Ever since Machiavelli, innovation has meant different things to different people. Some are labeled heretics for advocating change, others are cheered as champions.
Ever since Machiavelli, innovation has meant different things to different people. Most can't define it. Consequently, some oppose it and other support it. Some are labeled "heretics" for advocating change, others are cheered as champions.
Here are 10 things you should know about innovation.
During this political season, you will hear a lot or a little about the politics of innovation, or, in many cases, nothing about it at all, for fear that an idea will offend vested interests or a given political base. On the other hand, some running for office use hot buttons to excite the masses.
Here are some things to listen for, or read between the lines during the silence:
1. Tax policies to "advance innovation"
2. Education policies designed to improve access, assure defined competencies, and reduce costs
3. Ideas and platforms designed to reduce income inequality and middle class wage stagnation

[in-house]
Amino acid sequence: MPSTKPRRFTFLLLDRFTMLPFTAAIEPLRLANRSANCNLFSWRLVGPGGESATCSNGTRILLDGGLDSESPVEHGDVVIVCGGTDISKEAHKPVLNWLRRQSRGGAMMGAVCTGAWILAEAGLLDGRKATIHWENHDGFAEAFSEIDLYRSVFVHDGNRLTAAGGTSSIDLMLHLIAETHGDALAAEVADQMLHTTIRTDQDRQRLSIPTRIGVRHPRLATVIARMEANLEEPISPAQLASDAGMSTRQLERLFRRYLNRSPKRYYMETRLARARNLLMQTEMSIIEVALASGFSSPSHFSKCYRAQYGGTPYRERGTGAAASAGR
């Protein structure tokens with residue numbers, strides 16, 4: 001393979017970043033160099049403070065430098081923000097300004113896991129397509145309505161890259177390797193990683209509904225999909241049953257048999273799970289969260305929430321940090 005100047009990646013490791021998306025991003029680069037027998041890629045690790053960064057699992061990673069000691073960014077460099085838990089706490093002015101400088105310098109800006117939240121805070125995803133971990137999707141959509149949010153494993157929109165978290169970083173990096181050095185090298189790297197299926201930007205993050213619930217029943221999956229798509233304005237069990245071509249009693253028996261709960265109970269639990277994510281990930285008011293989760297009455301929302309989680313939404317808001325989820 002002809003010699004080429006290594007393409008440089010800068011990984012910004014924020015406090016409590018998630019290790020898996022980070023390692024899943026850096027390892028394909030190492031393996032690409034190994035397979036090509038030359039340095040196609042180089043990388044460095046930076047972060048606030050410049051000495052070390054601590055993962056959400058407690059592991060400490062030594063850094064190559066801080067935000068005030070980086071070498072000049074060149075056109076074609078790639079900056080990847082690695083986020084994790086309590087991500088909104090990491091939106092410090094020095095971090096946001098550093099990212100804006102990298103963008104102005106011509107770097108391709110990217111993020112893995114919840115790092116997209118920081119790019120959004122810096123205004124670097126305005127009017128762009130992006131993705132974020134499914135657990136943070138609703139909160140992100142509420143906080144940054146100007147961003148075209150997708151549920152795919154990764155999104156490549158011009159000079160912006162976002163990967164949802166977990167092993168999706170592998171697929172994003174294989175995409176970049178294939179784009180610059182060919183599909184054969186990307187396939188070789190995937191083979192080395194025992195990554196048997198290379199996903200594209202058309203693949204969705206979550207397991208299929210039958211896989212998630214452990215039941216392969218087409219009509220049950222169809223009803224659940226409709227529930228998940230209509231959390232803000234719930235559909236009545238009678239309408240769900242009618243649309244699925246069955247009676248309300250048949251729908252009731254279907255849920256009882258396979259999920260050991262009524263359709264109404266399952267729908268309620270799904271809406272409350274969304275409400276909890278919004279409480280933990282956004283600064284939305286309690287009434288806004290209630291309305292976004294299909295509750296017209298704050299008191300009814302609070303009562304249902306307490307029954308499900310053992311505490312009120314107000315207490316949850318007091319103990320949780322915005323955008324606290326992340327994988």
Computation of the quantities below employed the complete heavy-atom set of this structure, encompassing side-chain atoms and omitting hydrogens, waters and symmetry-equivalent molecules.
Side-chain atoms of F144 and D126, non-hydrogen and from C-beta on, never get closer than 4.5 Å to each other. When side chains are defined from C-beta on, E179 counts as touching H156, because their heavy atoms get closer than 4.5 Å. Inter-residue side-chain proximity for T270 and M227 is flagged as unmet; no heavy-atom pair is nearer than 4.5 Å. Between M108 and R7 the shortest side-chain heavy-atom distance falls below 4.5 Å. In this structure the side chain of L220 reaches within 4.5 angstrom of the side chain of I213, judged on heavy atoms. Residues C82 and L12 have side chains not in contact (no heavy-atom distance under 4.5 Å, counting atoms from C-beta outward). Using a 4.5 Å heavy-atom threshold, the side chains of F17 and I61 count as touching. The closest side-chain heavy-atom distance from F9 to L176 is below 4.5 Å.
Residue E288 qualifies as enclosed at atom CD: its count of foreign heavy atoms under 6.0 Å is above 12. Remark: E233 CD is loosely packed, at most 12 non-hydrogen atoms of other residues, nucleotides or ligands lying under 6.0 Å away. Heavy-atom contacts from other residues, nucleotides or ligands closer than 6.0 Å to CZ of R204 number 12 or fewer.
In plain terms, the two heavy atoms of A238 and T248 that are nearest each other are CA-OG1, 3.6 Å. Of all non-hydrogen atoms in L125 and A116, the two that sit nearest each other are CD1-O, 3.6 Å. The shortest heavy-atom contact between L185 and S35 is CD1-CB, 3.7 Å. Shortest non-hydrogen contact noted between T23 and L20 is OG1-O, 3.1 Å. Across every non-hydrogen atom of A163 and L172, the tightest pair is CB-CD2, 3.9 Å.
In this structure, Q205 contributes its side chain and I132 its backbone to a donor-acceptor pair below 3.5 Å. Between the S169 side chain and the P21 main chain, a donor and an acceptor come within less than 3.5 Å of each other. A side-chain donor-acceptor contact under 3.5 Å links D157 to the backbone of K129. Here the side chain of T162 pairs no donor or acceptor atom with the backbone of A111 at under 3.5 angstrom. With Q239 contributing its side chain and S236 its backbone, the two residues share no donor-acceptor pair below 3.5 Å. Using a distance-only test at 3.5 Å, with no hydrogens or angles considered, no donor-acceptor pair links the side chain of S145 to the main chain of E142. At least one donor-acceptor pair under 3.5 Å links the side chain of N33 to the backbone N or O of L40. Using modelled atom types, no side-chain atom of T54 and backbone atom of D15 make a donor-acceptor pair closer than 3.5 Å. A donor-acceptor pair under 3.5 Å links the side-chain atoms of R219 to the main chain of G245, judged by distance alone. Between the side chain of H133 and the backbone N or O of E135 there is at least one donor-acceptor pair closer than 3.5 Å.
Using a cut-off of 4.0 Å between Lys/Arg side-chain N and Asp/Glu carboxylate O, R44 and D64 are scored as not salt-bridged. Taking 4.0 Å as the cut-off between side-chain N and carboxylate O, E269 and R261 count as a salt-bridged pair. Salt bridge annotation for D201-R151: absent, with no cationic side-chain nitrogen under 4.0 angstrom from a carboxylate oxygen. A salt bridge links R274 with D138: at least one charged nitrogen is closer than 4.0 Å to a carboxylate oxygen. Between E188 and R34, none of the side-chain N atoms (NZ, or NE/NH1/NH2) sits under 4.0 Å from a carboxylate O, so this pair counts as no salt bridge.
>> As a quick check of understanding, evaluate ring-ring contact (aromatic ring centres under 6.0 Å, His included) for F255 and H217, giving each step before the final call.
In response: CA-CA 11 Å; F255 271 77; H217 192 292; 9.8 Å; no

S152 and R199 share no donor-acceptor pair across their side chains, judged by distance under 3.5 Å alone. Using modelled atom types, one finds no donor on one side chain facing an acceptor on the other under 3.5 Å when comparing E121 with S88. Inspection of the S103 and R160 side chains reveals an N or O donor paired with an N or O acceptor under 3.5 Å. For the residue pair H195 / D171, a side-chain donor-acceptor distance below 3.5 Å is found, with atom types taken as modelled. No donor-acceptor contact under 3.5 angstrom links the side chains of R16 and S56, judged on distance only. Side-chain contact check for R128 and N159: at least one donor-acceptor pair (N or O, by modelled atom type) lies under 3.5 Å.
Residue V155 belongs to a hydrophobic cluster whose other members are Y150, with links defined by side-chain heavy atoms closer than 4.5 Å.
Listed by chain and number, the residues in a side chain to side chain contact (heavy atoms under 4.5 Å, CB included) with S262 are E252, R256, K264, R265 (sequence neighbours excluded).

4. How to spur innovation to improve the standard of living through improved productivity
5. Ways to increase the value of basic research and development, either at government labs, industry or academic research institutions, and get “impact”
6. Creating a 21st-century workforce
7. Building infrastructure without destroying a place to save it
8. Identifying the socioeconomic barriers to health and social equality and removing them
9. Trade policy and the emergence of the anti-free trade advocates
10. The value of innovation ecosystems and how to build them
Then there is, of course (drum roll please) affordability of health insurance.
The world is changing at a rapid clip and those that make the rules and regulations are always behind the curve. Few rule-makers have the vision to create an innovation platform that is clear and convincing. There is also a culture of corruption.
However, without that road map, we will continue to crash against the shoals of competing interests, “What’s in it for me?” versus the common good; us v them.